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Sir James Fraser Stoddart, 2016 Nobel Laureate in Chemistry, gave a lecture at Sun Yat-sen University

Last updated :2017-06-12

Source: School of Pharmaceutical Sciences
Written by: School of Pharmaceutical Sciences
Photo by: Zhong Haolun
Edited by: Wang Dongmei

On June 7, 2017, the 16th Session of Nobel Laureates Series Lectures at Sun Yat-sen University was held in Swasey Hall on Guangzhou South Campus. The series lectures are organized by the State Administration of Foreign Experts Affairs, the Administration of Foreign Experts Affairs of Guangdong Province, and Sun Yat-sen University. Sir James Fraser Stoddart, winner of the Nobel Prize in Chemistry in 2016, was invited to give a lecture entitled “Serendipity Strikes Twice: Emergence Opens up a Whole New World of Winders”.

 
The 16th Session of Nobel Laureates Series Lectures held at SYSU
 
The lecture was hosted by Prof. Albert S. C. Chan, Academician of the Chinese Academy of Sciences, professor at the School of Pharmaceutical Sciences of Sun Yat-sen University. The State Administration of Foreign Experts Affairs sent a letter of congratulation, which was read by Ms. YANG Peijun, deputy director-general of the Administration of Foreign Experts Affairs of Guangdong Province. Prof. XIAO Haipeng, Vice President of Sun Yat-sen University, delivered a welcome speech. About 300 faculty and students from the School of Pharmaceutical Sciences, School of Chemistry, School of Life Sciences, School of Materials Science and Engineering, and School of Medicine attended the lecture.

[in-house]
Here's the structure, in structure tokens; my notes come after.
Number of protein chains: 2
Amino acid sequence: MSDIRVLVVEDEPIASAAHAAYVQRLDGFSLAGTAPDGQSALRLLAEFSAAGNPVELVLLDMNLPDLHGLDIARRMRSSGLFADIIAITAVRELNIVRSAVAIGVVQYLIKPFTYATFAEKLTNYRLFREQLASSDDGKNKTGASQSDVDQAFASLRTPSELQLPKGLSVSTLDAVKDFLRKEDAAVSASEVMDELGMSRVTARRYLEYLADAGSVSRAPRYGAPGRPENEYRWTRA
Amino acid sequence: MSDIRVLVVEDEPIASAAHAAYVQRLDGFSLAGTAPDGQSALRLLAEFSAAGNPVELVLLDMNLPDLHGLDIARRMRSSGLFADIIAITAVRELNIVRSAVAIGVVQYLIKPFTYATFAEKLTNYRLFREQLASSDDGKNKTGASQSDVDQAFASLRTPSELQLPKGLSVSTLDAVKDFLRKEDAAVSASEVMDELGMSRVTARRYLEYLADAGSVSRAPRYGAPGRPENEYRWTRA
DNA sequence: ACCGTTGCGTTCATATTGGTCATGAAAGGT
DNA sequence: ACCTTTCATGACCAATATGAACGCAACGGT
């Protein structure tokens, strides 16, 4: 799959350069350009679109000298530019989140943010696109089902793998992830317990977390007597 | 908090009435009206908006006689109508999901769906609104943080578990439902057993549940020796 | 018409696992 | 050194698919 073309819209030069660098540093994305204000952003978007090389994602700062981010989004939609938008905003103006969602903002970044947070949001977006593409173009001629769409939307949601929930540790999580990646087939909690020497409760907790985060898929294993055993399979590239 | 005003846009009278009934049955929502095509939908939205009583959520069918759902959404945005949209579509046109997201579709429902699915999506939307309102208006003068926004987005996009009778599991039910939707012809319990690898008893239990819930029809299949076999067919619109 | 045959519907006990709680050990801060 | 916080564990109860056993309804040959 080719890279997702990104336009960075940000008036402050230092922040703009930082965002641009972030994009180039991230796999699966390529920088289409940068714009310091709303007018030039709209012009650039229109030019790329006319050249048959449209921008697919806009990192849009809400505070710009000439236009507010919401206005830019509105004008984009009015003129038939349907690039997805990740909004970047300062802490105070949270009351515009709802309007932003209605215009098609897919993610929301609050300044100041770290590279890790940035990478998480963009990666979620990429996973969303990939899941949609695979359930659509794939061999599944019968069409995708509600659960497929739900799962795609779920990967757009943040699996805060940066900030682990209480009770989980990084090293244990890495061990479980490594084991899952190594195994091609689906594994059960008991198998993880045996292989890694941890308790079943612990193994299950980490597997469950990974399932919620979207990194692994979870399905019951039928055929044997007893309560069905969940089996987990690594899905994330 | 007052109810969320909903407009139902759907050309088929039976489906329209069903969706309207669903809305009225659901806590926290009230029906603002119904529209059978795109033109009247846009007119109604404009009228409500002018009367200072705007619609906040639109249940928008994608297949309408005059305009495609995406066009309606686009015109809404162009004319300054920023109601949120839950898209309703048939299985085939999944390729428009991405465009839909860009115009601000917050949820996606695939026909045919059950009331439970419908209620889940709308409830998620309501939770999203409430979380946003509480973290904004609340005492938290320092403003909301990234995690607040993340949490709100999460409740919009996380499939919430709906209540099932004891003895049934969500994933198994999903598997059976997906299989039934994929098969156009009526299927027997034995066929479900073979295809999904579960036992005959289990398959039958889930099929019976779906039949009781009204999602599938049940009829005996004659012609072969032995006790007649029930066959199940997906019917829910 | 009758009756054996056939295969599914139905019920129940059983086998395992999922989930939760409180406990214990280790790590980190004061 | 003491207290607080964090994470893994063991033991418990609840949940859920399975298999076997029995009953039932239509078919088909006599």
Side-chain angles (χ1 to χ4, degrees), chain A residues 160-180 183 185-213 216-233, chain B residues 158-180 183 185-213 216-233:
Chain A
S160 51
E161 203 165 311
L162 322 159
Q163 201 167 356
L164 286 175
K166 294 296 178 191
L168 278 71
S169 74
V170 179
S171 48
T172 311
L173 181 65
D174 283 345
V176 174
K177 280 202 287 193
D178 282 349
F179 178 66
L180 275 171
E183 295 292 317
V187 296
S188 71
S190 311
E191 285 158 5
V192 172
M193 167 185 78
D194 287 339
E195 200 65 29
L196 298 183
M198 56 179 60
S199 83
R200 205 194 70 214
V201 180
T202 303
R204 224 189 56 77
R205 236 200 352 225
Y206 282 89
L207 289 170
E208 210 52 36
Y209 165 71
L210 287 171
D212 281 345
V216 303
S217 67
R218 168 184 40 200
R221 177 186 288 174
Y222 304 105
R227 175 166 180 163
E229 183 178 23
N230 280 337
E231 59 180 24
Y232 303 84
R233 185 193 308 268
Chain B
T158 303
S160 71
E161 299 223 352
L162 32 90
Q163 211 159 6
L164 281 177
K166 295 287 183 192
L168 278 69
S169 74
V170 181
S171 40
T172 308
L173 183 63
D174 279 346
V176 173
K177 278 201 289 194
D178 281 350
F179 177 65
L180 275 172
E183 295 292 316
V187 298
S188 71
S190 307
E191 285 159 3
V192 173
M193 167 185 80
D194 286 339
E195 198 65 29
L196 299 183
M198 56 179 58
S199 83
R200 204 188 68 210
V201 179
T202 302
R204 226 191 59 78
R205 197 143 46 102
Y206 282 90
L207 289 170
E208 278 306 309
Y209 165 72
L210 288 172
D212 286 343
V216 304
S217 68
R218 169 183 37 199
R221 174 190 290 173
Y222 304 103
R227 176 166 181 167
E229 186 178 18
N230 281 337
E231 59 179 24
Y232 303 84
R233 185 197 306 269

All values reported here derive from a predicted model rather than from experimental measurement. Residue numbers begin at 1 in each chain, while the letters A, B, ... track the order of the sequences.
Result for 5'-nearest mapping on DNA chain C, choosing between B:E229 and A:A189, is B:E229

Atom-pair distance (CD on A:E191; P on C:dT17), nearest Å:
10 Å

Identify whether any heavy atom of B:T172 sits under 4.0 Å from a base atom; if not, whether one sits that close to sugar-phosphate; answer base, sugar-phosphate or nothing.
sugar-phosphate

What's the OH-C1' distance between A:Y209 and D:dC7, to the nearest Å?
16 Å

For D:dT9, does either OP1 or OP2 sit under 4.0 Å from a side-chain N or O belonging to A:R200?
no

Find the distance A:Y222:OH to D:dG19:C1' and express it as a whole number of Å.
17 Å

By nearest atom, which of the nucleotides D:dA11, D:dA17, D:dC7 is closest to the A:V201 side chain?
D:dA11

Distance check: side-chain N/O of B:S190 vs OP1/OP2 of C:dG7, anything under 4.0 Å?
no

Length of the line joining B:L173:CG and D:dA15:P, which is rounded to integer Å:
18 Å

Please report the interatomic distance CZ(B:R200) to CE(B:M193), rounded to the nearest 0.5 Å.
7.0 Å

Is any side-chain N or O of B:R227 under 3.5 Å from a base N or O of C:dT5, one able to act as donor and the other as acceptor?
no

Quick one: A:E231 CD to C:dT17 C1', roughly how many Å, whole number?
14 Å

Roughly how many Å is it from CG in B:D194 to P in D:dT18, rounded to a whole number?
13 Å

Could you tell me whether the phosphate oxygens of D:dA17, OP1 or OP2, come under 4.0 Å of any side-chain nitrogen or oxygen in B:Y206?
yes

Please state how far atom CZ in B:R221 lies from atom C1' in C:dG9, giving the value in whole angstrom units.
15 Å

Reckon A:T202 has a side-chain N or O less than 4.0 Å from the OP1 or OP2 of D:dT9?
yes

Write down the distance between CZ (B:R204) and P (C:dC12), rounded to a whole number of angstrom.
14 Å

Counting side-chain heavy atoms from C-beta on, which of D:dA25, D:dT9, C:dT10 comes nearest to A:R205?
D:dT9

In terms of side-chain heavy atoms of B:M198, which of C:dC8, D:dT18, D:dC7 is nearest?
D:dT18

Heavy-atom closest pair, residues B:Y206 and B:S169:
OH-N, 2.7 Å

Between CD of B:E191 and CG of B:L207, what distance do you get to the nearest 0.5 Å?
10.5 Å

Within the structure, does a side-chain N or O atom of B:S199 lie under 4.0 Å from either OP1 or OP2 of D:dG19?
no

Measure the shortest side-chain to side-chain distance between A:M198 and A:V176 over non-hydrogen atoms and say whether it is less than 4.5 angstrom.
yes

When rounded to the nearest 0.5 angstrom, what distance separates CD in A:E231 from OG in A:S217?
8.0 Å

Sir James Fraser Stoddart, 2016 Nobel Laureate in Chemistry, giving a lecture at SYSU
 
During the lecture, Professor Stoddart shared two stories of cyclodextrin projects. His group occasionally discovered a kind of fantastic crystal while studying the host-guest interaction of cyclodextrin, and opened up new areas of applications of such kind of molecules in eatable metal-organic frameworks (MOFs) and gold enrichment. In his point of view, chemistry is always the discipline full of amazement. The researchers in chemistry should be keen on exploring the unknown academic field. In the Q&A session, Prof. Stoddart earned many rounds of applause by answering students' and teachers' questions with patience and care.

Sir James Fraser Stoddart works in the area of supramolecular chemistry and nanotechnology and has developed highly efficient syntheses of mechanically-interlocked molecular architectures such as molecular Borromean rings, catenanes, and rotaxanes utilizing molecular recognition and molecular self-assembly processes. He has demonstrated that these topologies can be employed as molecular switches. In 2016, he shared the Nobel Prize in Chemistry together with Ben Feringa and Jean-Pierre Sauvage for the design and synthesis of molecular machines.